If you’ve ever been around China Town during Chinese New Year festivities, you’ll know that it’s a pretty big deal.
But trust me, the celebrations are not limited to China Town and are pretty much scattered all around the city. And Melbourne, with all of its multicultural spirit embraces it with open arms.
In western culture, ringing in the new year is a two-day max process. So it may come as a shock that Chinese New Year is a 16 day-long party. So bascially, it's a perfect reason to eat, drink and be merry.
All you need to know:
New Year’s Eve Dinner (which is low key a 12 course banquet)
The night is all about family coming together to eat ‘lucky foods’. A very important NYE food is fish. Eating fish is believed to bring an abundance of money and good luck for the coming year. It’s also super important to wear brand new clothes (here’s the green light to take yourself shopping).
These lil’ fiery babies make Chinese New Year seriously lit. They might be small but definitely pack a punch. The rule with these, is to set one small string of crackers off first, followed by three bigger ones. This symbolises ‘sounding out’ the old year and ‘sounding in’ the new year. The louder the crackers, the better and luckier the new year will be.
Referred to as Hong Bao in Chinese, these red packets are prepared in advance and are given out during New Year’s Eve dinner. It is customary for children to receive red packets from their elders. They generally contain money. The giving of money signifies wishing luck and fortune. From experience, these little red packets can contain some generous amounts of dosh - so as the saying goes, respect your elders.
As the lion in Chinese culture is a symbol of courage and superiority, the dance is performed to chase away ghosts and evil spirits. Hence why there is the clashing of percussion instruments and intense Kung Fu routines. I won’t lie, as a child these performances were kind of intimidating, but now I try to remind myself it’s a group of grown men prancing around in giant puppets.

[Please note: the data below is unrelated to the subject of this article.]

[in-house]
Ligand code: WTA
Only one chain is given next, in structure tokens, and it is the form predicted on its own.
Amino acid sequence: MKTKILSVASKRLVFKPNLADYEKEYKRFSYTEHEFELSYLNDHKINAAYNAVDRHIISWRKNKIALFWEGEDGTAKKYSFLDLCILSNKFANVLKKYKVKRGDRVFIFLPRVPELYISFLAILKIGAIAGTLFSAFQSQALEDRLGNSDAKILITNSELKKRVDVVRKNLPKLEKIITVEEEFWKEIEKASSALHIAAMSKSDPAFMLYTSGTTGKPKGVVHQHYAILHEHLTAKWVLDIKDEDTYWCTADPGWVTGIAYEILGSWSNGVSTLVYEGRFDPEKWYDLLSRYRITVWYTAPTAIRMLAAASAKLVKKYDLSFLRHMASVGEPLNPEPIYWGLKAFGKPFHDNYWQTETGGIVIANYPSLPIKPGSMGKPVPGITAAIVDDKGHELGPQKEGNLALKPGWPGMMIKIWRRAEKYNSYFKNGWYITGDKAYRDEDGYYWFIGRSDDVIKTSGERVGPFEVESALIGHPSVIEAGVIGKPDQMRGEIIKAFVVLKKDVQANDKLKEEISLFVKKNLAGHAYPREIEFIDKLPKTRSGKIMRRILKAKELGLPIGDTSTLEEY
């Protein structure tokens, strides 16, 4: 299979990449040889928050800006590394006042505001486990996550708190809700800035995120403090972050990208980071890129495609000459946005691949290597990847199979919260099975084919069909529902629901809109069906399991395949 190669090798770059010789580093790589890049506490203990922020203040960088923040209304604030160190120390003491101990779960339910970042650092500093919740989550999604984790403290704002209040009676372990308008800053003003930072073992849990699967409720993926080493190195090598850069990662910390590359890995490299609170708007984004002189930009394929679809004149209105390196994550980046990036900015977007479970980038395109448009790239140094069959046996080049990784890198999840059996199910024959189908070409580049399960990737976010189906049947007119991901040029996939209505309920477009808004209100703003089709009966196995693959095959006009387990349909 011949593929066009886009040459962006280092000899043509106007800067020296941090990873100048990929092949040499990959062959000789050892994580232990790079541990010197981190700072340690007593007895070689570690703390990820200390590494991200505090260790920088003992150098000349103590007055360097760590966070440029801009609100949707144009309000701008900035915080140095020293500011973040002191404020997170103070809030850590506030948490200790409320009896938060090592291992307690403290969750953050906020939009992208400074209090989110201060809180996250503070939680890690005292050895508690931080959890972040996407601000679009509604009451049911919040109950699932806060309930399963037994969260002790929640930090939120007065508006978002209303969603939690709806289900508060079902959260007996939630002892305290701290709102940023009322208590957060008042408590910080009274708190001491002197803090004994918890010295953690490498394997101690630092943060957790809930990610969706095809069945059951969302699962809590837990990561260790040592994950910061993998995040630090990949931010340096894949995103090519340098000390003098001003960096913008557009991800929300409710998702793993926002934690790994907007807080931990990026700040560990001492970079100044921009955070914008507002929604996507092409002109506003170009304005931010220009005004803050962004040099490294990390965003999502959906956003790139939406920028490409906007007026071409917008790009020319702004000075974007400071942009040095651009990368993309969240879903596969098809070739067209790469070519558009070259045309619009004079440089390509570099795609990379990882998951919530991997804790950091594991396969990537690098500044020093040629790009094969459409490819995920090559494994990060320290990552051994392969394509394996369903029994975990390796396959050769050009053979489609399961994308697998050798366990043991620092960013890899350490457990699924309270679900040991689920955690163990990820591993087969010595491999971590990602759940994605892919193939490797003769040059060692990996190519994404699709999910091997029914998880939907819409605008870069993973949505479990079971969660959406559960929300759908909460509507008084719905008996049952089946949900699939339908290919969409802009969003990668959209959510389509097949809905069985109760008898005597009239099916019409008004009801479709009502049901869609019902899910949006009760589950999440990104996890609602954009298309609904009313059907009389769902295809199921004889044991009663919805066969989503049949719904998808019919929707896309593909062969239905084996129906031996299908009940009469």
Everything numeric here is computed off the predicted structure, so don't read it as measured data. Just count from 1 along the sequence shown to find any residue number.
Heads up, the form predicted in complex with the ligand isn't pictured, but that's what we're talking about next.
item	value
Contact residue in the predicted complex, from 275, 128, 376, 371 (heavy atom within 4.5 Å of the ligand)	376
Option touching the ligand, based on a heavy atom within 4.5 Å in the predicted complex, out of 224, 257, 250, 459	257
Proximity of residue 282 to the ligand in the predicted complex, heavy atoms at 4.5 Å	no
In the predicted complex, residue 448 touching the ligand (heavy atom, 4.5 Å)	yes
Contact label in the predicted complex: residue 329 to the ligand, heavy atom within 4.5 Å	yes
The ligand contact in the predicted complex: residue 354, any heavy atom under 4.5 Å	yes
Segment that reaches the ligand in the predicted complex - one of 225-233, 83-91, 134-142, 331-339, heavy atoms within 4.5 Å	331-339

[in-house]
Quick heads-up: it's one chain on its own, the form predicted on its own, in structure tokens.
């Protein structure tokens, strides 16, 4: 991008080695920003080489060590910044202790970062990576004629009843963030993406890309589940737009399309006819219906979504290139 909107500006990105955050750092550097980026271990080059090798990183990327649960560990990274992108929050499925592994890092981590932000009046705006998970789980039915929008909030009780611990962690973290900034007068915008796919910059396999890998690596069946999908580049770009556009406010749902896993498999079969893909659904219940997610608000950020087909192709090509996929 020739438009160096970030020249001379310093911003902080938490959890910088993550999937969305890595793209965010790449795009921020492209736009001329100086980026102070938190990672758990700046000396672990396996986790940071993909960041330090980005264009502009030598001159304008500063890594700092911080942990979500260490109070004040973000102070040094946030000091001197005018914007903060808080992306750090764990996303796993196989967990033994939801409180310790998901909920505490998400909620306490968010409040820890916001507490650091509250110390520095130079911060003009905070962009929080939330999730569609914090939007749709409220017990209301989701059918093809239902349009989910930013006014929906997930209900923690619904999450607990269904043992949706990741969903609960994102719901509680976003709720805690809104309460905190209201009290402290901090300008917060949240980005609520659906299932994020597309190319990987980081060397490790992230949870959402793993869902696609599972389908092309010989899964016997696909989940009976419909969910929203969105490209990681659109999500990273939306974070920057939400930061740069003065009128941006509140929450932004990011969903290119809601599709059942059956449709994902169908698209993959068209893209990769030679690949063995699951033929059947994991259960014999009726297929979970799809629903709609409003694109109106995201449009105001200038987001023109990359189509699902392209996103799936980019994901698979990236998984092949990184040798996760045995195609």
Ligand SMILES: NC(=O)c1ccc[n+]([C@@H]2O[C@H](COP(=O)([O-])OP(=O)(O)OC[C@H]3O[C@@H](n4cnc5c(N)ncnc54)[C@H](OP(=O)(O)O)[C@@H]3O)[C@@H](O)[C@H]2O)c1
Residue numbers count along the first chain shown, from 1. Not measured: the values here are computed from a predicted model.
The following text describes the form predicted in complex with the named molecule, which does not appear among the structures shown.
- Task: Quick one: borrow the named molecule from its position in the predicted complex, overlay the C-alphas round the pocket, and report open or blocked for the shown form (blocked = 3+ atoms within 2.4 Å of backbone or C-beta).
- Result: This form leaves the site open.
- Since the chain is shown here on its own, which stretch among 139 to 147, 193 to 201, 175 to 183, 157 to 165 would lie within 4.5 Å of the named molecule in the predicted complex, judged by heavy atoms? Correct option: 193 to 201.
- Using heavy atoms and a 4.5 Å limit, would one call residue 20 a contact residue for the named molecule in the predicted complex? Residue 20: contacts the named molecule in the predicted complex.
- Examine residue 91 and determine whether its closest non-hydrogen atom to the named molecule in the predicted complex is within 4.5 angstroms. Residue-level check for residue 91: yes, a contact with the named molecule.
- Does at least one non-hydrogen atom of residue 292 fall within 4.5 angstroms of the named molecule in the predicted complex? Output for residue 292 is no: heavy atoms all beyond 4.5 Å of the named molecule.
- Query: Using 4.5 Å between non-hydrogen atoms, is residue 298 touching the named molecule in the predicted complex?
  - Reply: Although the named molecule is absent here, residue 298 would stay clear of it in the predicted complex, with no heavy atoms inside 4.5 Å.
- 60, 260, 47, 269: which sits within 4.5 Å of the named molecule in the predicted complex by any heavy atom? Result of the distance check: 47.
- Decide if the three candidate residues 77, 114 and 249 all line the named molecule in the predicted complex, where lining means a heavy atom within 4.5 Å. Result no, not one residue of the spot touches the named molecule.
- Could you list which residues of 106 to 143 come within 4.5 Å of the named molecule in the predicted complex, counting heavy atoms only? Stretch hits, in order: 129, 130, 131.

Seriously Melbourne (and cool) things to do this Chinese New Year:
Eat choc-banana monkey buns at Din Tai Fung
Level 4 Emporium, CBD
The culinary geniuses at Din Tai Fung have created chocolate and banana-filled steam buns in the shape of monkey heads for our eating pleasure. These adorable monkey buns are limited and available only in February – run don’t walk people!
Hit the Age Lunar Markets at Docklands
Febuary 4-14, Harbour Esplanade, Docklands
If you loved the Night Noodle Markets, I’m pleased to tell you that the next best thing will be back waaay before November. For ten days the Harbour Esplanade will come alive with a street food inspired market. Featuring noodle-battered chicken burgers from Everybody Loves Ramen, Filipino skewers from Hoy Pinoy and of course the beloved roast pork belly buns from Wonderbao. There will also be mega big light-up installations. Sounds magical really.
Outdoor cinema in the heart of China Town
Febuary 7, Cohen Place
Grab your pals and check out the beanbag theatre that will pop up in China Town Square on New Year’s Eve. Various Asian short films will be screened throughout the night till the early hours of the morning.
Chinese inspired high tea at the Windsor
111 Spring Street, CBD
The Hotel Windsor have spun an oriental twist on their high tea classics. Think dim sum inspired pastries like lychee éclair and scallop toast. How does whipped organic tofu and chocolate sound for dessert?
KITKAT Studio exclusive Chinese New Year Bars
Melbourne Central, CBD
What’s better than exclusive KitKat bars? Yeah, nothing. Soz Sydney, the Melbourne Central pop-up store will be receiving 88 special bars which can be purchased for a steep price of $88. Each bar will contain Phoenix Oolong tea leaves sourced directly from the Guangdong Province of China, paired with delicate lychee and fragrant rose petals. To make sure the bar is actually worth $88, it will be dressed with 24k gold leaf with whole rose buds and rose jelly.
If you miss out on these (or would rather not splash the cash), you can purchase other Chinese-inspired flavours for the regular price of $6. They all sound hella delish. Tangerine Crème Brulee, Taro and Black Sesame, Red Bean and Toasted Coconut and Almond Cookie. Flavours are available throughout Feb.
Free cultural workshops
February 14, Russell Street
Do you love Chinese culture or want to know a little more? You should definitely get involved in the vast range of activities on offer. You’ll be exposed to traditional Chinese customs and pastimes including calligraphy, Mahjong, cooking demonstrations, feng shui and craft workshops, all for free!
So much to do, so much to see. Hey, at least you’ve got two weeks.